Driveway Resurfacing, Patching or Replacing: Which is Right for You?
We don’t often think about the long stretches of asphalt that line our driveways and the care that they need until we start to see the wear that comes from driving on it day after day. As more cracks and chips come along, we start to wonder what steps we should take and what can be done to prevent any other damage and fix what has already been done. When it comes to repairing your driveway, no matter what it is made of, there are a few paths that you can take. Driveway resurfacing, patching, and replacement are all options when it comes to getting your driveway back in shape. The decision on which to choose takes several factors into consideration, here we’ll breakdown what each one is and what you should consider before finding a contractor.
Driveway resurfacing is a good middle ground between constant patching cracks and replacing the driveway entirely. Resurfacing is when the top layer of asphalt is covered by a new layer without removing any of what is underneath. This method is unlike patching certain spots in that it covers the entire driveway with a brand new layer, sealing off any of the cracks that might have been underneath. Resurfacing also takes less time and money than replacing the entire driveway but still offers that fresh, smooth, new driveway look.
When should you consider driveway resurfacing? Potholes, alligator cracks, unevenness, and the age of your driveway are factors to consider when looking into driveway resurfacing. Always remember, resurfacing won’t be effective if there is damage below the top layer of the driveway. To resolve that issue you’ll want to look into replacing your driveway.
Over time, your driveway will experience regular wear and tear from the weather as well as its constant use. From this exposure, you will start to see small chips or cracks. These minor signs are the exact condition that calls for patching. As long as the cracks are less than a quarter inch wide and don’t show signs of any deeper damage, simply patching the area can be an effective, although temporary, solution to your driveway problems. These fixes are usually only temporary because water will still be able to seep into the spaces, freeze and expand, and then cause more damage to your driveway. Patching your driveway will extend the time for a little while before it needs to be replaced but it will also leave your driveway looking uniform as the patched areas can stand out from the older asphalt.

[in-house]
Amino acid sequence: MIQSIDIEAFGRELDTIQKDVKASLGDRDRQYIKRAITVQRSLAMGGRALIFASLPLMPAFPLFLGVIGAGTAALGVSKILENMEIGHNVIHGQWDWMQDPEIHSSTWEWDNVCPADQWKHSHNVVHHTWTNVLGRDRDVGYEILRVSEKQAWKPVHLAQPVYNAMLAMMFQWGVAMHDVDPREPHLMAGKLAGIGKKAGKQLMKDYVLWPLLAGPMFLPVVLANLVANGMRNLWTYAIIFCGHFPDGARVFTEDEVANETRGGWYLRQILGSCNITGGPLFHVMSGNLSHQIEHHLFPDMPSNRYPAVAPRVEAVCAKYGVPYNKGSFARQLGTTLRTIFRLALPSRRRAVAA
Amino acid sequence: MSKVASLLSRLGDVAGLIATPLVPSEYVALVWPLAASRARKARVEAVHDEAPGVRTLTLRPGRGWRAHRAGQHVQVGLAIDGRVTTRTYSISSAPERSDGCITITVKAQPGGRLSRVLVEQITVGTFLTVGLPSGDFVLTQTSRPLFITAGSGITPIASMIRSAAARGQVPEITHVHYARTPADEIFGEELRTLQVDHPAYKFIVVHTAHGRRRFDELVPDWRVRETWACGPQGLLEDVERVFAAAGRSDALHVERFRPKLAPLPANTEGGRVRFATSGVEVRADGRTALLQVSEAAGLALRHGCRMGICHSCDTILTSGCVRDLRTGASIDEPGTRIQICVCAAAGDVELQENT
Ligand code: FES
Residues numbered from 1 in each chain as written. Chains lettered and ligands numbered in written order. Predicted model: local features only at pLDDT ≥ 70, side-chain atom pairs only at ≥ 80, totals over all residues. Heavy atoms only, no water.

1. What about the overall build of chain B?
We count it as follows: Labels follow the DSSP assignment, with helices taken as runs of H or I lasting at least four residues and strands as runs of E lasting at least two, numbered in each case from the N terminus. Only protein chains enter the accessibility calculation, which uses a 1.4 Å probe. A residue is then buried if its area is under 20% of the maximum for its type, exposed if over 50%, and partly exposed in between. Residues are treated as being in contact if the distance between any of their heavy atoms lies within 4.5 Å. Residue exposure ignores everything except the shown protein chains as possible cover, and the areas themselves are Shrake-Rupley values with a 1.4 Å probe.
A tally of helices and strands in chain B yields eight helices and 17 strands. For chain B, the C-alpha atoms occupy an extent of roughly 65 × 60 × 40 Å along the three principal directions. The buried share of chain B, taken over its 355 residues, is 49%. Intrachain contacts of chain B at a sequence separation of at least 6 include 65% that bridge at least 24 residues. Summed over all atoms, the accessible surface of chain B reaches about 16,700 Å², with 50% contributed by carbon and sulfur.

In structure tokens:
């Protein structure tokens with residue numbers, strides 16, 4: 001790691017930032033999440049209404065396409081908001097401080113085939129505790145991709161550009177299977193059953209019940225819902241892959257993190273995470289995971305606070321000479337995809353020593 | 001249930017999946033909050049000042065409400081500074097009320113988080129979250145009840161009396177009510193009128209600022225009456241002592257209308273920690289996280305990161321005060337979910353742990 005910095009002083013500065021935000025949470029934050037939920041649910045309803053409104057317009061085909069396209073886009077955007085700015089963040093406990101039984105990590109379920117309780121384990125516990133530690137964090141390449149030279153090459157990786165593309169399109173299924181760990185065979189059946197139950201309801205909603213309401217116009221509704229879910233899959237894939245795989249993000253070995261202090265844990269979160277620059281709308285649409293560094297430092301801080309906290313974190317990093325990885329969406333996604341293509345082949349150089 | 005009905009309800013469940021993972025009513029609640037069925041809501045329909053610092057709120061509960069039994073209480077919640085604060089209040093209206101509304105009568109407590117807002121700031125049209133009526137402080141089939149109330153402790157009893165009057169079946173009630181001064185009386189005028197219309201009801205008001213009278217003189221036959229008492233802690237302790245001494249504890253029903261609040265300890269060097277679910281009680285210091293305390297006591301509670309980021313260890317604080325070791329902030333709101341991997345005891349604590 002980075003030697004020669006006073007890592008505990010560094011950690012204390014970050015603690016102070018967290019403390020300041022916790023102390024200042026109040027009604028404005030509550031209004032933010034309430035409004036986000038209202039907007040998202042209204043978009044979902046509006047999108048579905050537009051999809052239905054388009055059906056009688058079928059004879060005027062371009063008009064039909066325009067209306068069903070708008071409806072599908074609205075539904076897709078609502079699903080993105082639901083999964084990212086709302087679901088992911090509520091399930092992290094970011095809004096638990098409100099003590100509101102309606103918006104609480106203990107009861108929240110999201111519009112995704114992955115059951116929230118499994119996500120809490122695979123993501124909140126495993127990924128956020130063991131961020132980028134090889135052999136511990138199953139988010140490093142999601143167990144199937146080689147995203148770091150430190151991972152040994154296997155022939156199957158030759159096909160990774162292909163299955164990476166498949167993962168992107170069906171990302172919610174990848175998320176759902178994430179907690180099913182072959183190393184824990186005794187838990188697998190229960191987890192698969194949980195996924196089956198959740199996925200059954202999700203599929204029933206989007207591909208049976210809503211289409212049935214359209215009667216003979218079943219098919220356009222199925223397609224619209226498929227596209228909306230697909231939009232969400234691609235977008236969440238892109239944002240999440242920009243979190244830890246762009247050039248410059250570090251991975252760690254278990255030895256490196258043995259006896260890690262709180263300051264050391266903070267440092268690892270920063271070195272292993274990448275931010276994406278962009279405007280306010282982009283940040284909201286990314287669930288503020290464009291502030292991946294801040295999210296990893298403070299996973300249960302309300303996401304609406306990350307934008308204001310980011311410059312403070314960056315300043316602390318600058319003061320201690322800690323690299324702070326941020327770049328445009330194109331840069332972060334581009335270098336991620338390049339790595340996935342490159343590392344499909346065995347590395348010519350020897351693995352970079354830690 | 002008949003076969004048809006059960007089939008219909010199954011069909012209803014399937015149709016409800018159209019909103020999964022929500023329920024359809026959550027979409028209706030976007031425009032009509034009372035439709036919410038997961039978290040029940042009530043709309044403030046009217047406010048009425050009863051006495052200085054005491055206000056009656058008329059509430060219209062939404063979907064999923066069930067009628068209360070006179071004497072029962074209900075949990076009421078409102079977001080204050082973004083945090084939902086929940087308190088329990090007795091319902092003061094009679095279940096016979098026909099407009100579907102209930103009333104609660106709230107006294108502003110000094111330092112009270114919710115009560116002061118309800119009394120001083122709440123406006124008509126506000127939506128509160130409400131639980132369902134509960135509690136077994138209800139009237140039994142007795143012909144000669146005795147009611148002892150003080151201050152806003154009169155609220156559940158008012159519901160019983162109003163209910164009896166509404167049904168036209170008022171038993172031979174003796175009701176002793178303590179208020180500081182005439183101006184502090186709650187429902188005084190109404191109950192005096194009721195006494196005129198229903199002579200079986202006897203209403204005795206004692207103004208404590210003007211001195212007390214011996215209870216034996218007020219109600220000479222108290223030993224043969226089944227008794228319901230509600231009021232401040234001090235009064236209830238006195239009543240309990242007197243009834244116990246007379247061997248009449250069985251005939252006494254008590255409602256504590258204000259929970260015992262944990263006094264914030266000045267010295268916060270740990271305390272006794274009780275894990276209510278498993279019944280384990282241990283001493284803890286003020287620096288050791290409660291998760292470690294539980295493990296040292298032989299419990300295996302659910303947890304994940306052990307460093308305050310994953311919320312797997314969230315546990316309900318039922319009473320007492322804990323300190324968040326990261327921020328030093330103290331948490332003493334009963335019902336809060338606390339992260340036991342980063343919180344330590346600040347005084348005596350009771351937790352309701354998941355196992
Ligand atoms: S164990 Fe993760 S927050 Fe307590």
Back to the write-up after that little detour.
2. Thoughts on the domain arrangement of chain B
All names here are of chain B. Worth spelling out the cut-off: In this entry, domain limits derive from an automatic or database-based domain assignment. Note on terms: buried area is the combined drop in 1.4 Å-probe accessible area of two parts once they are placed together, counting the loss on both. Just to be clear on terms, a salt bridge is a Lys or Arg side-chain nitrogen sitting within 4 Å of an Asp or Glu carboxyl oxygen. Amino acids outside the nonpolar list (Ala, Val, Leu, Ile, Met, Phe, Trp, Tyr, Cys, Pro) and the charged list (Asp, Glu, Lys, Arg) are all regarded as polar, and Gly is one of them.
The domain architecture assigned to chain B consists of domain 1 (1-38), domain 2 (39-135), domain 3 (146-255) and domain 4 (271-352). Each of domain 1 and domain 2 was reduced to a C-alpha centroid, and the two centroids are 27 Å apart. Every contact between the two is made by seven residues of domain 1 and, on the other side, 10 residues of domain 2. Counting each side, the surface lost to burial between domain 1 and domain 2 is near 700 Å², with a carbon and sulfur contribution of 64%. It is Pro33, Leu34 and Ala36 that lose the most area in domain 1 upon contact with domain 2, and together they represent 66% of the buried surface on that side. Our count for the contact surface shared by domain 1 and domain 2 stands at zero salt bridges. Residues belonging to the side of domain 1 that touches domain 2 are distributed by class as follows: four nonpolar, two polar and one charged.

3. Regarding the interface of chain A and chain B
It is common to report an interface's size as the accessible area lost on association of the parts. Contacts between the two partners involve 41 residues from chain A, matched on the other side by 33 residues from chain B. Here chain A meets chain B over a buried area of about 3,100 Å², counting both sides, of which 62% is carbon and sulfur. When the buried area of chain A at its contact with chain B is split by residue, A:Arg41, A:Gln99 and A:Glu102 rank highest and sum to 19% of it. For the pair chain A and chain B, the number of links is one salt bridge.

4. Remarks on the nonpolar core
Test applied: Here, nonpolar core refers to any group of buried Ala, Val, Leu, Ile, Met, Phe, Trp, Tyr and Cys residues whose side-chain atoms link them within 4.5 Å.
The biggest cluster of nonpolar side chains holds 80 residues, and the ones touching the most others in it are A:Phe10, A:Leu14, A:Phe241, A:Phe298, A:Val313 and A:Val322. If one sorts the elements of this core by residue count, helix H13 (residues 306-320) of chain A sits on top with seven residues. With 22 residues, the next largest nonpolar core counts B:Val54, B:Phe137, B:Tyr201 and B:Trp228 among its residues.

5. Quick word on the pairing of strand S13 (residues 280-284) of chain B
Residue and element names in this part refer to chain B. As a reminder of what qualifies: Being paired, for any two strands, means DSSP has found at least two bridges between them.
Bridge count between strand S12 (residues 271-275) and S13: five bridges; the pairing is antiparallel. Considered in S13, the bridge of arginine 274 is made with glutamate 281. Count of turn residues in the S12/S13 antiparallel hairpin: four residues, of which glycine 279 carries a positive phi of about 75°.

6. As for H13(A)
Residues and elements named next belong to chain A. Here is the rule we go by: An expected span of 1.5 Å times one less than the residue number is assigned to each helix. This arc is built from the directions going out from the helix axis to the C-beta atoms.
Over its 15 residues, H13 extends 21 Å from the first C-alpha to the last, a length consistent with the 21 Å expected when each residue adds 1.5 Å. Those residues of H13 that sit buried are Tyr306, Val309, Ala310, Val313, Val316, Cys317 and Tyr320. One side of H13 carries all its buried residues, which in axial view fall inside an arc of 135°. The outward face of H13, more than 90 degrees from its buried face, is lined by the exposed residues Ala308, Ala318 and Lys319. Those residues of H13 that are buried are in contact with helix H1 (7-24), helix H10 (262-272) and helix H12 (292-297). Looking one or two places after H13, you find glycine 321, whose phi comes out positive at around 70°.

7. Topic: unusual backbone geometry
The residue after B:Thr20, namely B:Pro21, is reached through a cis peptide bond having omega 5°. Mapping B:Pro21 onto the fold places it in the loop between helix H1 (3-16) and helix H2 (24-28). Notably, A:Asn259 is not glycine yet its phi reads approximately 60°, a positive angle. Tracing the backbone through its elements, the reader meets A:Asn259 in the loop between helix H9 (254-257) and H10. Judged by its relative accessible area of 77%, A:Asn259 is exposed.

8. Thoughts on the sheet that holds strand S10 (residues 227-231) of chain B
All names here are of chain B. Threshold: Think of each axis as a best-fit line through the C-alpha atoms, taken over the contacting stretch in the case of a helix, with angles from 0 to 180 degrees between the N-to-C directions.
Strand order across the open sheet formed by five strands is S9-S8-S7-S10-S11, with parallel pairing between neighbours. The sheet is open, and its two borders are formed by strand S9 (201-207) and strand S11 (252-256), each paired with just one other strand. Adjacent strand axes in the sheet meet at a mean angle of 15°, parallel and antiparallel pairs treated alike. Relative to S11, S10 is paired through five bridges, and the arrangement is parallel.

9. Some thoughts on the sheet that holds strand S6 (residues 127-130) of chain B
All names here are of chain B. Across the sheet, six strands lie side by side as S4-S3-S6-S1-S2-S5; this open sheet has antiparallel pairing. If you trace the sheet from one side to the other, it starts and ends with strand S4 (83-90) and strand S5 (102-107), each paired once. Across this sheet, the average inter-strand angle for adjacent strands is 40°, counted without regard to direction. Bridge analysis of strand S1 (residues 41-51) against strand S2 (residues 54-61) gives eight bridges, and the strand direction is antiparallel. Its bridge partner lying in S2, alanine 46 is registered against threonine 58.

When is patching your driveway the best method? Typically when you notice any small cracks or chips that don’t show any more serious signs of damage. This method is also ideal for those that may want to do the repairs themselves to try and save a little bit of money.
Replacing your driveway isn’t something that we often think needs to be done until we actually notice the damage to it. Replacing your driveway typically ends up being more expensive than the other options in this post as the entire thing will need to be redone down to the foundation. Although it is the more expensive option, starting with a fresh foundation offers you a new lifespan on your driveway. Depending on the climate, usage, and how well it is maintained, an asphalt driveway can last anywhere from 12 to 20 years.
When is the right time to replace your driveway? Similar to resurfacing, you may want to replace your driveway once you start to notice some of the same kinds of damage. Larger or alligator cracks, potholes, surface stains from oil that you just can’t get out, damage that goes deeper than the surface layer, or any signs that show damage to the foundation of your driveway are all reasons to look into replacing your driveway.
Whether you’re looking for driveway resurfacing, patching up those pesky cracks, or replacing your asphalt driveway altogether, Sunrise Asphalt is here to help! If you’re looking to have work done on your asphalt driveway contact us and we’ll be happy to work with you on your project.